The idea that “the secret ingredient is love” may be cliche, but it’s clear that there’s more to Seafood Connection’s appeal than the sauce. Walker’s love of cooking or, more to the point, feeding people, comes through in both his food and in his persona. From spending time in the Seafood Connection kitchens to spending holidays feeding the homeless, Walker is all about the people.
Walker hopes to have the food truck up and running again, maybe as soon as this summer. Right now he’s gunning to open a new spot in Raleigh. Walker’s commitment to the Queen City, however, remains. Unlike the scores of restaurateurs who come and go through Charlotte as cuisines and neighborhoods enjoy trendsetter status, Walker is now firmly a part of this community. “I love it!” he said of Charlotte. “I really see myself growing here.”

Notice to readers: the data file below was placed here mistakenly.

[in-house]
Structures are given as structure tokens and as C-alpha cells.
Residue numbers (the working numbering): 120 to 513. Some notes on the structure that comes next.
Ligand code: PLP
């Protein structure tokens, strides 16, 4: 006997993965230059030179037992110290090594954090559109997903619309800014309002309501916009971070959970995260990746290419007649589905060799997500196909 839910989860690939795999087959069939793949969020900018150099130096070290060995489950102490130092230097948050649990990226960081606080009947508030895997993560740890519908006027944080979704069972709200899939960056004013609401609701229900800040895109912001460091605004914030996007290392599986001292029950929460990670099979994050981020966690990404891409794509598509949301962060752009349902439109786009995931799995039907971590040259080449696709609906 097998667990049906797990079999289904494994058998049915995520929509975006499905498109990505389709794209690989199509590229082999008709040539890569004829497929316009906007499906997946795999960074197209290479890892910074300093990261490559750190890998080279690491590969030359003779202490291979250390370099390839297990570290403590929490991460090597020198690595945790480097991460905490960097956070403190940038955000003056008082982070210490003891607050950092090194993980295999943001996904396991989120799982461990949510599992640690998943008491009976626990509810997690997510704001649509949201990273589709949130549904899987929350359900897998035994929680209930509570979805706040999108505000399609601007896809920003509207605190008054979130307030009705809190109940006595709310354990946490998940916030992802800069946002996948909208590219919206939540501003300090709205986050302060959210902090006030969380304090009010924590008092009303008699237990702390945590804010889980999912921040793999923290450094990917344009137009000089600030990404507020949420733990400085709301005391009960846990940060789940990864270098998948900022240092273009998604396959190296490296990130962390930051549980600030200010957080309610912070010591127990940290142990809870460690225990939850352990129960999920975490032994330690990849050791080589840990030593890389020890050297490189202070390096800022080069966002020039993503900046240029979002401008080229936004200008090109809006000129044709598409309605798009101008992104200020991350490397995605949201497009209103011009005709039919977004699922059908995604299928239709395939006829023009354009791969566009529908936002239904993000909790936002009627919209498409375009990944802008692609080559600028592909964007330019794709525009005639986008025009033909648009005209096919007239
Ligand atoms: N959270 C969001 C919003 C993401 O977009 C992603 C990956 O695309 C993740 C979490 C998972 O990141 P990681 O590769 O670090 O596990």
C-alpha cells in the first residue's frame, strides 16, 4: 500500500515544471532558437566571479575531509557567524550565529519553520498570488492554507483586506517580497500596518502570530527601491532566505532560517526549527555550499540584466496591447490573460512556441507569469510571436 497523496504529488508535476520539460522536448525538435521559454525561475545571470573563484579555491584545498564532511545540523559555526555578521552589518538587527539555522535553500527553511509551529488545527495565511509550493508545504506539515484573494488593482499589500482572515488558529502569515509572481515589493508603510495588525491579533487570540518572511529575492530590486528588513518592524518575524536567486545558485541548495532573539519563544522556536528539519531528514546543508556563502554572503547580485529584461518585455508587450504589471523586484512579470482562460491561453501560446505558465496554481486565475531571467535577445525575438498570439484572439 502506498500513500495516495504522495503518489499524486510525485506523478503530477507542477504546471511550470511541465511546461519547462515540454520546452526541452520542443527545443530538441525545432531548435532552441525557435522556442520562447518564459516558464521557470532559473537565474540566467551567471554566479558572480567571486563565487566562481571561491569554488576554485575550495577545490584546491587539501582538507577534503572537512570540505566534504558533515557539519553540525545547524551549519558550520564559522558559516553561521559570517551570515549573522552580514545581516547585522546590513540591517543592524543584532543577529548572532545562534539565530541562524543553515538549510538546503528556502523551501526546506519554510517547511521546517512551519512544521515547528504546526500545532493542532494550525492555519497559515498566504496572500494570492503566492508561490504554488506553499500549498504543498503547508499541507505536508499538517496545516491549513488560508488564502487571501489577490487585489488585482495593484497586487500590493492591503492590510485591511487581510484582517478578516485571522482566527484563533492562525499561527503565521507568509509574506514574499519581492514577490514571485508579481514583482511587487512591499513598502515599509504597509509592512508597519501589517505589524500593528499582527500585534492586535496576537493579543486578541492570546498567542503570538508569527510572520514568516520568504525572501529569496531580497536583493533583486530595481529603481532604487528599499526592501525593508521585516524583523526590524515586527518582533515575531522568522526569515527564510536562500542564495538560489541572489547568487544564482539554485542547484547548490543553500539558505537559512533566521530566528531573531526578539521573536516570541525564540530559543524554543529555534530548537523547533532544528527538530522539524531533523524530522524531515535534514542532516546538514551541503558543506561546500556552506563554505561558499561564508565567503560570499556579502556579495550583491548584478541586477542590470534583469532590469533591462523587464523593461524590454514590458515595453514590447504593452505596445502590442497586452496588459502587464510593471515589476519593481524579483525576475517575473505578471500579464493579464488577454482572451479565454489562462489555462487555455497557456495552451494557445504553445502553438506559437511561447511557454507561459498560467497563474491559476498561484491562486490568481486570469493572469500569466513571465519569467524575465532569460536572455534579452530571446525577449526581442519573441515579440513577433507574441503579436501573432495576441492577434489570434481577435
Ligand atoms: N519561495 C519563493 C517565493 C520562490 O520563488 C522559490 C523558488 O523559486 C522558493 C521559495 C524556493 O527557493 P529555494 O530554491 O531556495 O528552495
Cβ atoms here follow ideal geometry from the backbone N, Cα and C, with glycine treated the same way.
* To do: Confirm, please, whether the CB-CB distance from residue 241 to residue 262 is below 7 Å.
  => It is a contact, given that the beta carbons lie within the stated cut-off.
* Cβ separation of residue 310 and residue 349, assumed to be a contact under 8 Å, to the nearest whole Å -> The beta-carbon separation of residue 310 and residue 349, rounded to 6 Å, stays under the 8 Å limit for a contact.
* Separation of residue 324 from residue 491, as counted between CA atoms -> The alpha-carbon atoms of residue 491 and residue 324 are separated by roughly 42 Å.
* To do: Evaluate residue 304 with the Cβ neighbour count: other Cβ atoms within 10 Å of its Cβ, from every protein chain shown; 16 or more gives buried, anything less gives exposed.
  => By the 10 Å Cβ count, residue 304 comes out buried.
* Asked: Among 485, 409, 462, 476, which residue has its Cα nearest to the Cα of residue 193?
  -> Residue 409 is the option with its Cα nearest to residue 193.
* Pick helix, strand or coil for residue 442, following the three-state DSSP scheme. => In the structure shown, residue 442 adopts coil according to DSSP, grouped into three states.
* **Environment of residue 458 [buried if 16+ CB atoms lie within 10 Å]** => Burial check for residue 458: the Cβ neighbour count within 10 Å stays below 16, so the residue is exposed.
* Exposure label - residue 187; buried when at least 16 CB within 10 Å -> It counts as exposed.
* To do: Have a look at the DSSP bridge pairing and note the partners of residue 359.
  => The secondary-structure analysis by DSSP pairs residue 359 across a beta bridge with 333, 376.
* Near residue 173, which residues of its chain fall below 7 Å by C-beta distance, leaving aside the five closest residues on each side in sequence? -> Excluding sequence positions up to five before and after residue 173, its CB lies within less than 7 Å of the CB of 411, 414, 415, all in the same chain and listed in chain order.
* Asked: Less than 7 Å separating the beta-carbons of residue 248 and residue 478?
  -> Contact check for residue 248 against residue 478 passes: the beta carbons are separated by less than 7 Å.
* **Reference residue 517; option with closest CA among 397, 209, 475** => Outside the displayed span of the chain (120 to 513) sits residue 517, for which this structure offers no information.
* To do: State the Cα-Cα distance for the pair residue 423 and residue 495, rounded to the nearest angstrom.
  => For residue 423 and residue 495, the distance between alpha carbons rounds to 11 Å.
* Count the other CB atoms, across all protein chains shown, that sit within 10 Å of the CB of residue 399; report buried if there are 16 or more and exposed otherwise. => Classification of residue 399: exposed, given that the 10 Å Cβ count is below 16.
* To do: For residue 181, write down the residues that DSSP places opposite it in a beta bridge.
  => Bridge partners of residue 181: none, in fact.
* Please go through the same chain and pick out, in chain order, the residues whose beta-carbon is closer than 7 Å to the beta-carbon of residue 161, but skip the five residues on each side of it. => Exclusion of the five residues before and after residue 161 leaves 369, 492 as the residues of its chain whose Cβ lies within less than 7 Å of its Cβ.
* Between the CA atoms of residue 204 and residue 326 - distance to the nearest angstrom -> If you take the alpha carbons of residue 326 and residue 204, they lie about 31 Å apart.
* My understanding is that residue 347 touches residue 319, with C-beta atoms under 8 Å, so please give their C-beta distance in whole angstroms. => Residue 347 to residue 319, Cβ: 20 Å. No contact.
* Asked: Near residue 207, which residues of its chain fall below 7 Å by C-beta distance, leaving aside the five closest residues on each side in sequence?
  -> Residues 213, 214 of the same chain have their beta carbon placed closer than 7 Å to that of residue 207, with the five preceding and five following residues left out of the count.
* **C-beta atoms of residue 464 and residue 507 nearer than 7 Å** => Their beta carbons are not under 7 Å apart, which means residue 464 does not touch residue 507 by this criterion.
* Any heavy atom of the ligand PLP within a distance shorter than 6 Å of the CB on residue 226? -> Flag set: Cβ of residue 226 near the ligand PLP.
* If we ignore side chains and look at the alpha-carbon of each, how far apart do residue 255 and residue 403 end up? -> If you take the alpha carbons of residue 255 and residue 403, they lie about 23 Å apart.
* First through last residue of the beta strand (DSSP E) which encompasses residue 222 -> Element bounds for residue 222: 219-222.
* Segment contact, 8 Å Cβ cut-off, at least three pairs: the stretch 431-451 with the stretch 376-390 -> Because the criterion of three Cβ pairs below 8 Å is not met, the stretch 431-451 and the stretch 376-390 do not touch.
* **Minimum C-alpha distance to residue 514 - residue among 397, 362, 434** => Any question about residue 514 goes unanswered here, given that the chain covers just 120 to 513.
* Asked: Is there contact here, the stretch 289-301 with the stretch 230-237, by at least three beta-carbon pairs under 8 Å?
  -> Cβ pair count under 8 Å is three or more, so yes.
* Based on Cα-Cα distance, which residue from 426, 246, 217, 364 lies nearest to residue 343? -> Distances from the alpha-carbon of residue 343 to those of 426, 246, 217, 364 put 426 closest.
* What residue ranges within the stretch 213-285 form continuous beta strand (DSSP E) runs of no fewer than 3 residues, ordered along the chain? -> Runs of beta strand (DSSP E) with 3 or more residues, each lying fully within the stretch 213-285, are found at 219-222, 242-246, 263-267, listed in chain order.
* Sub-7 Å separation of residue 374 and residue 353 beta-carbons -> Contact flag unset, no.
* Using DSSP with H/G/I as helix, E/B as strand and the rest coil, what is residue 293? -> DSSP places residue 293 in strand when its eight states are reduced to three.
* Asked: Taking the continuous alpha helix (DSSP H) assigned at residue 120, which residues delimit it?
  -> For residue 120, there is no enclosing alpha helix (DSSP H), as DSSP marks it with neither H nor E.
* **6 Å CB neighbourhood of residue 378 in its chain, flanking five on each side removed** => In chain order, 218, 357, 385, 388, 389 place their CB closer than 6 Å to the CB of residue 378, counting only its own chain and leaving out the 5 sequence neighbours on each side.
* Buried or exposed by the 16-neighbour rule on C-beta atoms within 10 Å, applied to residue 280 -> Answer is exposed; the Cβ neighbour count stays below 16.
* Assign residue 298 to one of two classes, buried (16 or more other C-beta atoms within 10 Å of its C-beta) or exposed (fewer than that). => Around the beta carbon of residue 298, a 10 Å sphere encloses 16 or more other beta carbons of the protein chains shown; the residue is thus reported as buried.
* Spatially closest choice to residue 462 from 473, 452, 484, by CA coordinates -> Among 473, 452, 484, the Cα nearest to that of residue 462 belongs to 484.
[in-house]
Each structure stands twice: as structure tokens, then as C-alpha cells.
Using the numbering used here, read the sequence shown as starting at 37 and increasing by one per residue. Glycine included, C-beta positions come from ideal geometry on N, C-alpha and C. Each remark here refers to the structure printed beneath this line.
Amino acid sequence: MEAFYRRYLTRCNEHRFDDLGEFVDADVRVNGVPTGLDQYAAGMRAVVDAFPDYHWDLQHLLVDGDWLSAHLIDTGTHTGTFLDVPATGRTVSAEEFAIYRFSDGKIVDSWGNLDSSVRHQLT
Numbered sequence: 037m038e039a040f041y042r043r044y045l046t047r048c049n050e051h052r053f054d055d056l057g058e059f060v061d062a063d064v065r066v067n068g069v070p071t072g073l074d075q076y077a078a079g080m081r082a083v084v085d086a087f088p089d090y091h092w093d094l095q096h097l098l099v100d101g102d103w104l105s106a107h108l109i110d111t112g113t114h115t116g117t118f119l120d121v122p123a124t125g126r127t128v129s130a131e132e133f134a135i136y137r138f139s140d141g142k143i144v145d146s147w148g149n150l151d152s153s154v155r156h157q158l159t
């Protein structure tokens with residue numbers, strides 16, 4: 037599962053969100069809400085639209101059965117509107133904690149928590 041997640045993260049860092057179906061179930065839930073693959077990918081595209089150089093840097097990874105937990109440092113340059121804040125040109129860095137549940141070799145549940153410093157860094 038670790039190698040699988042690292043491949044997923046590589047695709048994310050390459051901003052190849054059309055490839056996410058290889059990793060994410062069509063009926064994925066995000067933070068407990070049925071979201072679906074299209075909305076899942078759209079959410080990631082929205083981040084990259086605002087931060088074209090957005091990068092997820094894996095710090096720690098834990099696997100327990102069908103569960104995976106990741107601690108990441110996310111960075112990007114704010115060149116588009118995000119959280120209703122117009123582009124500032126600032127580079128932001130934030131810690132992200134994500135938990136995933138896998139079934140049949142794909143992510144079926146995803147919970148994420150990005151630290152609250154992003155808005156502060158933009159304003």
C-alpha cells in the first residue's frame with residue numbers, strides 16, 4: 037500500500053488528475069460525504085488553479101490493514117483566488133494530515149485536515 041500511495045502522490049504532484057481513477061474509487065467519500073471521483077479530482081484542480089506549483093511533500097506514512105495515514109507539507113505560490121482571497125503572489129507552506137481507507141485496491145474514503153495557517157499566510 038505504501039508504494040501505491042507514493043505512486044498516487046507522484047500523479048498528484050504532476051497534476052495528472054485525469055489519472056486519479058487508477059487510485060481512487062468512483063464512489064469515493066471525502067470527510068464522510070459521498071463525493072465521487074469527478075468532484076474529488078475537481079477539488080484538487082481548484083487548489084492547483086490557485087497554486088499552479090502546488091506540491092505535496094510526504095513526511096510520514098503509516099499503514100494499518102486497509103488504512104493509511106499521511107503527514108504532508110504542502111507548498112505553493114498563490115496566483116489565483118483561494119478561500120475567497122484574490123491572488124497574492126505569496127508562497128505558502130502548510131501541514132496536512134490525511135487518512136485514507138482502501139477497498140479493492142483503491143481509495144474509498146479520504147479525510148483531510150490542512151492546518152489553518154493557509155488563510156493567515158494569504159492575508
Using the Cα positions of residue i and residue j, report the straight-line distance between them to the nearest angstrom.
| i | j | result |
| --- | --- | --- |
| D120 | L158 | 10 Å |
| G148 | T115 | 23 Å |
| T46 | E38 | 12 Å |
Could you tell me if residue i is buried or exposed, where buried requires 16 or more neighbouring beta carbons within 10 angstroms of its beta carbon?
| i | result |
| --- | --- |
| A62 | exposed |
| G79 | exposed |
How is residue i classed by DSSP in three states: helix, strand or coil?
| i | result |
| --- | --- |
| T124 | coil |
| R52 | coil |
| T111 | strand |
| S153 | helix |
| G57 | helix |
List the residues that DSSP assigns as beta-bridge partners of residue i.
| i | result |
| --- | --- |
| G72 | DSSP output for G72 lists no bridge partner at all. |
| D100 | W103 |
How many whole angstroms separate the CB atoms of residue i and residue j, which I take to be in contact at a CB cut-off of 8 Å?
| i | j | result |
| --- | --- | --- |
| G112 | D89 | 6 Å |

Seafood Connection Charlotte is located at 630 University Center Blvd, Charlotte, NC 28262. Check out the full menu and be sure to follow them on Instagram, Facebook, and stay connected through the FB group page.
Hours of operation:
Thursday: 12 – 9 p.m.
Friday: 11 a.m. – 9 p.m.
Saturday: 11 a.m. – 9 p.m.
Sunday 11 a.m. – 7 p.m.
Monday – Wednesday: Closed